Book of Mormon

April 24, 2004 | 22 comments
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What do you think is the most gorgeous and inspiring thing about the Book of Mormon? Be specific; don’t just say it testifies of Christ. I am searching for ways of putting across the power of the book to non-Mormon readers.

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22 Responses to Book of Mormon

  1. Julie in Austin on April 24, 2004 at 11:47 am

    fix

  2. Bob Caswell on April 24, 2004 at 3:07 pm

    For me, it is the eloquence of King Benjamin’s words. Great advice that worked then and works now. Honestly, on the advice-o-meter of better living, I haven’t found anything to match chapters one through five of Mosiah. But that could just be me needing that kind of advice…

  3. Ben Huff on April 24, 2004 at 3:58 pm

    The development of what it is to be redeemed, via the change of heart. And my favorite passage on this is Alma 36. It’s also a beautiful chiasmus. For a while that has been my favorite chapter in the Book. I think the development of this doctrine of the change of heart, as it is enmeshed with the other unique Book of Mormon teachings on salvation, is the most gorgeous and inspiring thing about it.

  4. tyler durden on April 24, 2004 at 5:23 pm

    although it’s one of the hardest things to follow, i love the book of mormon’s commandments to help out the poor and it’s condemnation of the accumulation of riches. especially those from king benjamin (necessary for salvation), amulek (necessary to recieve answers to prayers), and moroni (condemning readers of the book of mormon. a.k.a. us)

  5. tyler durden on April 24, 2004 at 5:24 pm

    although it’s one of the hardest things to follow, i love the book of mormon’s commandments to help out the poor and it’s condemnation of the accumulation of riches. especially those from king benjamin (necessary for salvation), amulek (necessary to recieve answers to prayers), and moroni (condemning readers of the book of mormon. a.k.a. us)

  6. Grasshopper on April 24, 2004 at 10:21 pm

    I think the Book of Mormon’s discussions of revelation (2 Nephi 29) faith (Alma 32) and good and evil (Moroni 7) are the most inspiring things in the Book of Mormon. They provide a very inclusive and pragmatic approach to God.

  7. bj moses on April 24, 2004 at 11:47 pm

    Its presience. Its condemnation of lawyers and judges. Its timeliness and timelessness (especially when juxtaposed against D&C). Its power to polarize.

  8. smalltownlawyer on April 25, 2004 at 2:57 am

    The most inspiring thing to me about the Book of Mormon is the real-to-life, show-all-the-warts account of the dysfunctional family of Lehi, and how God uses this family to bring to pass a timeless record. Having a few wayward kids of my own there are a lot of lessons to be taught in this first book, not the least of which is that our children come pre-programmed and that chances are that Nephi would have been a great kid despite his parents. Ditto for Laman and Lemuel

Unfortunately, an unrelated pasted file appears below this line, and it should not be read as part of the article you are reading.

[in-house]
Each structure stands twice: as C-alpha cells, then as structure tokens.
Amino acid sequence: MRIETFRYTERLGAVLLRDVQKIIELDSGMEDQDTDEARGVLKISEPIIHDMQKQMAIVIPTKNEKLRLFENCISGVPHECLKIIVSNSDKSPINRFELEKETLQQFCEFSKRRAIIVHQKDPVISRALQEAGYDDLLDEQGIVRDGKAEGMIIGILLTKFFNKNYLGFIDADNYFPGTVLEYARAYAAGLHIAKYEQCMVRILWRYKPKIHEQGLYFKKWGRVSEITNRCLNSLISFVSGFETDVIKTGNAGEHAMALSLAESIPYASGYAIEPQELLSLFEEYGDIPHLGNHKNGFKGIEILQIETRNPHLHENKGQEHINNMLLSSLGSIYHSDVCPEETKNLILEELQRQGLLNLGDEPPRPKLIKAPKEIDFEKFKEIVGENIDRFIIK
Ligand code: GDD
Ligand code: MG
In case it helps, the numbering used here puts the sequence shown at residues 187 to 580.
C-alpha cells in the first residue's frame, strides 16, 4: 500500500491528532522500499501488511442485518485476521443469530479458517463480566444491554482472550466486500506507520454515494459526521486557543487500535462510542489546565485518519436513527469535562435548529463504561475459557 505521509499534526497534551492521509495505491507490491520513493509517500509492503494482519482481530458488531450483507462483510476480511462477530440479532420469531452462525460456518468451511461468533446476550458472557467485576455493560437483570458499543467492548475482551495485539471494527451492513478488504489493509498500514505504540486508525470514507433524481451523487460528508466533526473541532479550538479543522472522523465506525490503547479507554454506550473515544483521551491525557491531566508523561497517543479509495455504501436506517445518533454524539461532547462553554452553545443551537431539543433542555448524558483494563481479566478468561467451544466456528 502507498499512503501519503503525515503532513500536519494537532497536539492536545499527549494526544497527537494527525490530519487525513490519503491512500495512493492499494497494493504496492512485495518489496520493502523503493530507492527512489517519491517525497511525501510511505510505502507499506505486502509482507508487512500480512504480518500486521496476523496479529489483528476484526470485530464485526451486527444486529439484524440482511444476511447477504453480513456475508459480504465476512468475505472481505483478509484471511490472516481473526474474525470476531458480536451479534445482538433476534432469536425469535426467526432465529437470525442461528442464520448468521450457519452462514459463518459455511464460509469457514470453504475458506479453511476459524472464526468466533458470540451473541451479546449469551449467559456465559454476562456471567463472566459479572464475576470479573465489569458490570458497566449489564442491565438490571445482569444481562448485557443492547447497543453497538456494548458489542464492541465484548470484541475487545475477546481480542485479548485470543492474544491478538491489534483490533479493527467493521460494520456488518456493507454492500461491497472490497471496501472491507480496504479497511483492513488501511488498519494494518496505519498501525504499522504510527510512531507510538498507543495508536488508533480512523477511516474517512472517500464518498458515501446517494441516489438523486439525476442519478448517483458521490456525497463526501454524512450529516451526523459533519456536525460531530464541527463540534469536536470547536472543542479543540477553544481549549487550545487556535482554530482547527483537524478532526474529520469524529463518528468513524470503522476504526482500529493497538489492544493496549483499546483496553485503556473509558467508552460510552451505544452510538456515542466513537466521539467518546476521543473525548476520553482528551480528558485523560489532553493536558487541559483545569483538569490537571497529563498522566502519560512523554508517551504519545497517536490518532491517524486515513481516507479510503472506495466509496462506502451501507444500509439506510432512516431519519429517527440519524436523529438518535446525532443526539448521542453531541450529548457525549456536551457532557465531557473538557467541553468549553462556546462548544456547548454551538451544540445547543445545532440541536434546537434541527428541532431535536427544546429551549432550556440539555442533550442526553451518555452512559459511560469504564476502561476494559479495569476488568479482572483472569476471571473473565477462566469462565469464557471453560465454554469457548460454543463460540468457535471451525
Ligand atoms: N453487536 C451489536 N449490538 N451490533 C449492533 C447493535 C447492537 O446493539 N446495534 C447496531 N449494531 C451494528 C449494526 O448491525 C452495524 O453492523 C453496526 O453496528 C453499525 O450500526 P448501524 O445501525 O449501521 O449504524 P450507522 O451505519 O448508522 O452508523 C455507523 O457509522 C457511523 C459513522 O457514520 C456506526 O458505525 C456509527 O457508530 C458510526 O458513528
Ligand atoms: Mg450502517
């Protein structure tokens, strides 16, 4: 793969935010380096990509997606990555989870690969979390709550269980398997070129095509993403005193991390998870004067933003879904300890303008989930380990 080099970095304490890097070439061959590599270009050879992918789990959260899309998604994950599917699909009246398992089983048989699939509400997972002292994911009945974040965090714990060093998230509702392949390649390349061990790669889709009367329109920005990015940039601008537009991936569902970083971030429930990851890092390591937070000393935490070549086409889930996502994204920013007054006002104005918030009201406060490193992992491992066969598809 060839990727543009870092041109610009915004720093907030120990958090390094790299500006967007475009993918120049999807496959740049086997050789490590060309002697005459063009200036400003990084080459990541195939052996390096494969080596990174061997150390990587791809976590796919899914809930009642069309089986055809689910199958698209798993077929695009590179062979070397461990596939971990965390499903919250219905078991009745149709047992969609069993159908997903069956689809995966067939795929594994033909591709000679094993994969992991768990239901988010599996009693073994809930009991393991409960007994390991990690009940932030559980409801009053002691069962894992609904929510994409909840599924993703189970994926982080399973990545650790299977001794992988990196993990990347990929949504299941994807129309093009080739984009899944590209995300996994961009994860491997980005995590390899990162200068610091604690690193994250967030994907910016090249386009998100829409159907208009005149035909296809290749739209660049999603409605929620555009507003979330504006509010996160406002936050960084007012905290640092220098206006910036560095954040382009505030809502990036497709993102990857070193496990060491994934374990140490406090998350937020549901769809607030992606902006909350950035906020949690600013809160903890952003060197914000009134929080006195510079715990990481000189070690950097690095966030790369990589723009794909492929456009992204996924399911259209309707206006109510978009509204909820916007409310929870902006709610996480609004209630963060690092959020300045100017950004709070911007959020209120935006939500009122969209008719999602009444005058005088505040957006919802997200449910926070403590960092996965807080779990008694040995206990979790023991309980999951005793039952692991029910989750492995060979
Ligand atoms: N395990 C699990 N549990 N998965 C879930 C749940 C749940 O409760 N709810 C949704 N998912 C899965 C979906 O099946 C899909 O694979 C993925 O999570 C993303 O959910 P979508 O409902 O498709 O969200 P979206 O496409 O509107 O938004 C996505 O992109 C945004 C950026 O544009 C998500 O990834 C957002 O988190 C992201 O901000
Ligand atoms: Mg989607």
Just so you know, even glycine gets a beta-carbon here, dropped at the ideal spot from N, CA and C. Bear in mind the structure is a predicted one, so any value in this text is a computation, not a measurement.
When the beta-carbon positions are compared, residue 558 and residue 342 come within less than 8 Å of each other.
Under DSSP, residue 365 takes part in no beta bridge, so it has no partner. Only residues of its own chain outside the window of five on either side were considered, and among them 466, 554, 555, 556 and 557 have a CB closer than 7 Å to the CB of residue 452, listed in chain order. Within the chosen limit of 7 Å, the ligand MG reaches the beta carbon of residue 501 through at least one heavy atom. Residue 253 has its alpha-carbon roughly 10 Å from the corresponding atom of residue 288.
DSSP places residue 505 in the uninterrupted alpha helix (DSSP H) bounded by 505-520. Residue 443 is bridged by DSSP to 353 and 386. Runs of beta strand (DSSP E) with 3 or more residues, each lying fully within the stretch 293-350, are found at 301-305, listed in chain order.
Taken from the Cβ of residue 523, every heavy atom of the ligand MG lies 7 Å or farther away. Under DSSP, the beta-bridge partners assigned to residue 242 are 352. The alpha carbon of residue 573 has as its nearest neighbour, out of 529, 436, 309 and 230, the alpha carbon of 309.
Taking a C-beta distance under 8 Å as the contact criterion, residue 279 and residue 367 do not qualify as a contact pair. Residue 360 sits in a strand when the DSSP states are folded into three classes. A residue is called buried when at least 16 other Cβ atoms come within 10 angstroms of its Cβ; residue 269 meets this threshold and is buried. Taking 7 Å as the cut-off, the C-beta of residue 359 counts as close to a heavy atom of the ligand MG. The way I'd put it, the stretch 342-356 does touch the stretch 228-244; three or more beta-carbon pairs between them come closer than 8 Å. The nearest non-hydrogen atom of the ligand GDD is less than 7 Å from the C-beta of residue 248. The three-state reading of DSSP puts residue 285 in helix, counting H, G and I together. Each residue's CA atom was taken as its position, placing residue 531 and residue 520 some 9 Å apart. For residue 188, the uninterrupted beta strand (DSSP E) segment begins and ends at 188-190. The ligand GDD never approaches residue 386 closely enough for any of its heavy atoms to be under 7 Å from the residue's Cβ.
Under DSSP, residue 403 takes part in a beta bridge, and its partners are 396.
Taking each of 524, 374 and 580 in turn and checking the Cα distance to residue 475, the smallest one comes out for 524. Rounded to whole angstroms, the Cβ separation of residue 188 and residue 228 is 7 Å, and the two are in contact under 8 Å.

As Neal Maxwell has stated, family life is a great laboratory. Lehi’s family was a wonderful experiment that brought about two great conflicting societies just like God wanted.

  9. Rob on April 25, 2004 at 5:17 am

    Or maybe how oppressive patriarchal cultures where fathers browbeat their children into submission create dysfunctional families, alienating and factionalizing some to the point of creating multi-generational conflict and violence?

    For me, everyone in the BOM is flawed in unique ways that, when contrasted with the perfect example of Christ, can help us see our own imperfections–see as we are seen–and give us both desire to follow the Son and hope of redemption.

    If bloody sword-wielding Nephites and Lamanites can be redeemed, there’s hope for us all…if only we’ll repent.

  10. Mike on April 25, 2004 at 6:36 am

    The begining of Moroni 8 is absolutely touching- but I don’t know that it would really be touching to one who hadn’t just read the rest of the Book of Mormon, or some one who did not have a love for that book.

    I agree with Alma 36 and with the first five chapters of Mosiah- and there are so moany other things I love at different times it is realy hard to specify- however I think that Pahoran’s response to Moroni is absolutley amazing and far too often overlooked.

  11. Kingsley on April 25, 2004 at 6:41 am

    A passage of Hugh Nibley’s has haunted me for years:

    “I ask LDS students what they would do with a thousand years of life, guaranteed, all expenses paid, and they give silly answers because they have been conditioned by the actuary to accept short lives with the prospect that all they will ever get is right here. They do not see the breakthrough. The great breakthroughs of 1820 and 1827, which changed everything, should settle the issue—but is it all real? Joseph shows us that it is: When solid plates pass between inhabitants of different worlds and visitors from above lay hands upon the heads of Joseph and his brethren, something is afoot. If it stopped there, we would be bemused, but Joseph kept his promise to tell us what was on the plates, to give us glimpses of things that lie beyond human reckoning.”